Court Stops Patent Office From Limiting Continuations

from the not-so-fast-there dept

The practice of filing for continuations, or modifications, on patent applications can make sense in some cases, but it's widely abused by people who file a broad, overly vague patent on a hot area, and then continually update it as they see where the market is heading. Then, by the time they finally get a patent it covers a lot of the actual innovation (usually done by others) after the patent was filed and which had little to do with the original patent. Earlier this year, the US Patent Office, recognizing this problem (years too late) decided to start limiting continuation filings and announced that the change would go into effect November 1st. Not surprisingly, supporters of stronger patent laws were aghast and filed a lawsuit to stop the changes from going into effect. A judge has now blocked the USPTO from implementing the new rules. This isn't a permanent block on the rules -- it's just an injunction while the court decides whether or not the rules make sense. Obviously, those who are fans of monopoly-based business models want to be able to continually modify patents, but the fact that it's been abused so often means that limits on such things makes a lot of sense -- so much sense it's almost surprising the Patent Office supported it. Now we'll see if they're ever allowed to actually implement those rules.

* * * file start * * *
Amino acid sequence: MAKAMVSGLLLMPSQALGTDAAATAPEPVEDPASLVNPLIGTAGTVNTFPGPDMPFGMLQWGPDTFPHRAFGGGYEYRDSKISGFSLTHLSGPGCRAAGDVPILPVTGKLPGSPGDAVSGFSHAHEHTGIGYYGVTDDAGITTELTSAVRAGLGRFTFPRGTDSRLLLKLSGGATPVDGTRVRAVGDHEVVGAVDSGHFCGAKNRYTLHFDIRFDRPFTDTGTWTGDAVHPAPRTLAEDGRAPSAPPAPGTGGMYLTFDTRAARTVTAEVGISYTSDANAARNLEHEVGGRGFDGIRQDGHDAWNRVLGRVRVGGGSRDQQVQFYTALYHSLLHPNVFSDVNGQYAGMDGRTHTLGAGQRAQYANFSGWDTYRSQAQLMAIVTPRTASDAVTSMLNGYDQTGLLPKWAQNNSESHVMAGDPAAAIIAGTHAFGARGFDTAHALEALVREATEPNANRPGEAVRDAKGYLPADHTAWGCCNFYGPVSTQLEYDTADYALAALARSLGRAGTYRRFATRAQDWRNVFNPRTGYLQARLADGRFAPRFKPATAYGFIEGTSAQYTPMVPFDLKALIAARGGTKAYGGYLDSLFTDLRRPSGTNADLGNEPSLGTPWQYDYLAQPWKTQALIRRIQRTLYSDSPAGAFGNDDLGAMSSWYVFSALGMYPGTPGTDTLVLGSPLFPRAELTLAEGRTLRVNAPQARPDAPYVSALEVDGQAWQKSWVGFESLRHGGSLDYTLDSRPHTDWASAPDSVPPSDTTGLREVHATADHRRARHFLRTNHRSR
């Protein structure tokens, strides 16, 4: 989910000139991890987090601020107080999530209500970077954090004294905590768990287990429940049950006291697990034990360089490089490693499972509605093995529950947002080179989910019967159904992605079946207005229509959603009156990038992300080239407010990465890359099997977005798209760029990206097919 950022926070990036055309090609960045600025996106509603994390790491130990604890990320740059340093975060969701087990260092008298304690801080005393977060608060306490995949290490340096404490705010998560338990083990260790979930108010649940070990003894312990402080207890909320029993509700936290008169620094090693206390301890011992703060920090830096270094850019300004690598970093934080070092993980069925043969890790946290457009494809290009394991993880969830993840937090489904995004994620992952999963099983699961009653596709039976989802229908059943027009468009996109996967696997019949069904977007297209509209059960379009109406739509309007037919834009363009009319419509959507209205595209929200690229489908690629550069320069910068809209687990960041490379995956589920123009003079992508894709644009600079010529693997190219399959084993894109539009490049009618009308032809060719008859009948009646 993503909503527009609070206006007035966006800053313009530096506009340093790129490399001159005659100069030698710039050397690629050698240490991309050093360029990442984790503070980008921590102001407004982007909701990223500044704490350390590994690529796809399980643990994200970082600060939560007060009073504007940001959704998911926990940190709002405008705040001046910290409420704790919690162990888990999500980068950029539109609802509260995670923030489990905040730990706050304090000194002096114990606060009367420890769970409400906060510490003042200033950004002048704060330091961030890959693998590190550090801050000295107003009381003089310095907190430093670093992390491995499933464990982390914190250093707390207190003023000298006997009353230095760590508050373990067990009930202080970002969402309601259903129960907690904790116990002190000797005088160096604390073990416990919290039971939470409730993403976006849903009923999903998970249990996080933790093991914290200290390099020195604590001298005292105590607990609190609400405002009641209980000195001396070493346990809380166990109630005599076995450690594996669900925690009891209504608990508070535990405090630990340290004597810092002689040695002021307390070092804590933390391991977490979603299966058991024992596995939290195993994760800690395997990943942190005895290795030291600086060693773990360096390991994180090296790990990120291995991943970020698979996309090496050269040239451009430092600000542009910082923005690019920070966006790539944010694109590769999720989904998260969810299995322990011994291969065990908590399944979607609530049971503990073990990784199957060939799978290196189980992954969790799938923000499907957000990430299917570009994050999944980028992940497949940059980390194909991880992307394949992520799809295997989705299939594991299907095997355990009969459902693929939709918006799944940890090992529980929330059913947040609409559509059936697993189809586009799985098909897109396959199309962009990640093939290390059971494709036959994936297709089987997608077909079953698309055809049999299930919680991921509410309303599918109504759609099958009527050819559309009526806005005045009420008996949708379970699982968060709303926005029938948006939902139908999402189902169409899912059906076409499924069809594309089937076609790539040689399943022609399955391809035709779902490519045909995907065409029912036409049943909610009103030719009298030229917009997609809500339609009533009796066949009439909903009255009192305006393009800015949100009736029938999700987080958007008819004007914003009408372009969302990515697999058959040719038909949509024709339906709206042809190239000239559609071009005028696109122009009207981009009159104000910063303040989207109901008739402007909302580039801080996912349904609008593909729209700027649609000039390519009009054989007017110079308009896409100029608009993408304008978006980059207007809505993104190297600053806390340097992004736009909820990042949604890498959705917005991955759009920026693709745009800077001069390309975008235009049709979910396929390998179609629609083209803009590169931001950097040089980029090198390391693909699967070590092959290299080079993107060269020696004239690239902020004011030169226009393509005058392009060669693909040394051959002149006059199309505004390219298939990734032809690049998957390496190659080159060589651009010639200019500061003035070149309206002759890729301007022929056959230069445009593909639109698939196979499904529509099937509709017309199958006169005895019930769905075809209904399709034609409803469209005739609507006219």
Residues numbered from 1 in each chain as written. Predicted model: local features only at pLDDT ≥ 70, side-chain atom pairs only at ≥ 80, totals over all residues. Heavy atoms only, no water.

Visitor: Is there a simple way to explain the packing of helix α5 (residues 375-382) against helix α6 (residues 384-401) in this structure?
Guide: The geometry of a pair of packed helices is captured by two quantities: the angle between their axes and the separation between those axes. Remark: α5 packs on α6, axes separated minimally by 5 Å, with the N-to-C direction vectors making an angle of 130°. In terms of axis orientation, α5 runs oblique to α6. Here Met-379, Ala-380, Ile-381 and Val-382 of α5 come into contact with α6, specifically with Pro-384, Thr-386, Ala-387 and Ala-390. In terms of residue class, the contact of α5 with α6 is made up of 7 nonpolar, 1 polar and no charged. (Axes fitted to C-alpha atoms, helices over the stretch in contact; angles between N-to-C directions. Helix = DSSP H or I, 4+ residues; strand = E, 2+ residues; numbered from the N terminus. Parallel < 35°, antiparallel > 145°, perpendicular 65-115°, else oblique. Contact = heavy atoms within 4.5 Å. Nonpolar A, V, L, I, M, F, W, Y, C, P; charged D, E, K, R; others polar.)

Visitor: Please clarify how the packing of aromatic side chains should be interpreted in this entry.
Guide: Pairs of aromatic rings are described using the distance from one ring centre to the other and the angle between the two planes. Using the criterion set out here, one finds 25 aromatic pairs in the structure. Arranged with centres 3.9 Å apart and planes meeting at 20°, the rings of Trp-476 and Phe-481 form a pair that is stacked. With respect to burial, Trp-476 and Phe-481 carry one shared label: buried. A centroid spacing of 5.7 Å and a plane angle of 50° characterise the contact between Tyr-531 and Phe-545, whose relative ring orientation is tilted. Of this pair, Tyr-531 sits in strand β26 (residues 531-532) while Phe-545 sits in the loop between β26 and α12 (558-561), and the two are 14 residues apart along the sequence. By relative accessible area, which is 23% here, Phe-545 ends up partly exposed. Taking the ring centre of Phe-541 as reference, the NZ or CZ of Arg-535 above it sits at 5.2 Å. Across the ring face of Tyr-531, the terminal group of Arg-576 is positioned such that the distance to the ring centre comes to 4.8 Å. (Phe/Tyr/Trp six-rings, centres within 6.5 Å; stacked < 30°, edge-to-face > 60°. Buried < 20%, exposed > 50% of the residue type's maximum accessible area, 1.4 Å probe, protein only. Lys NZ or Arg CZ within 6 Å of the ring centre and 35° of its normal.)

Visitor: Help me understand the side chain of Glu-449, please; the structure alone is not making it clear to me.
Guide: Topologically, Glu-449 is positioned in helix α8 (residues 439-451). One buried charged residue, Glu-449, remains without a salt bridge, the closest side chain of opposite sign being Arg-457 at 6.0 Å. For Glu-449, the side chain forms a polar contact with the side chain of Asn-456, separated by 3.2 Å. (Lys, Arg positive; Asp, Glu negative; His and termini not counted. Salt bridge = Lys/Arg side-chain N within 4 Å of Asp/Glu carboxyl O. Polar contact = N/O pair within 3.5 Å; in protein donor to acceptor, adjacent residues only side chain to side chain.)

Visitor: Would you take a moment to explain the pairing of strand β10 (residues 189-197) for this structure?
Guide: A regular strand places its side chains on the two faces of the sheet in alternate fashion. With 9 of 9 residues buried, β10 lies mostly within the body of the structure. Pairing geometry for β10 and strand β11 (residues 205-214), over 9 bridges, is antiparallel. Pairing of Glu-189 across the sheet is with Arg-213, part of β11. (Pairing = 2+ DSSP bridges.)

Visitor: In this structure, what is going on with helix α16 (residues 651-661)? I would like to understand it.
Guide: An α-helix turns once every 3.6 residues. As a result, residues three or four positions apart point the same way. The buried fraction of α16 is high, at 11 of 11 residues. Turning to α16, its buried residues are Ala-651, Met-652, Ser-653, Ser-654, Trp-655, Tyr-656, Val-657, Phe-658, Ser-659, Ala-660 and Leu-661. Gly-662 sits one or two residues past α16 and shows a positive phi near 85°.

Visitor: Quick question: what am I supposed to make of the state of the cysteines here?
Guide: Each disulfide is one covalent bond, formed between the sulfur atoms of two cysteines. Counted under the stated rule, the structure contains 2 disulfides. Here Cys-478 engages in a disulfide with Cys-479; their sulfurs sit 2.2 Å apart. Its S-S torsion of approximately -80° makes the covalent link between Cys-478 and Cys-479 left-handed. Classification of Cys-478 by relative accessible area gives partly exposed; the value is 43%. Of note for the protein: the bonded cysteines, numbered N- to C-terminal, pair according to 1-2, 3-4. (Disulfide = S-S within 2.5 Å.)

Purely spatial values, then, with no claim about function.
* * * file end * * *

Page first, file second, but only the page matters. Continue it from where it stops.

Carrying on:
Filed Under: continuations, patents, rules, uspto
Companies: glaxosmithkline

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  1. identicon
    Anonymous Coward, 1 Nov 2007 @ 2:05pm

    One Story = Widely?

    Hey Mike,

    Again with your exaaaaaaaaaaaaaaaaaaaaaggerations!

    Your reference link for the term "Widely Abused" points to another one of YOUR articles and it's about JUST ONE inventor %|

    How can you title something as "widely", when you only offer one example???

    I almost feel sad for you that you have to constantly twist the facts to suit your warp reality :(

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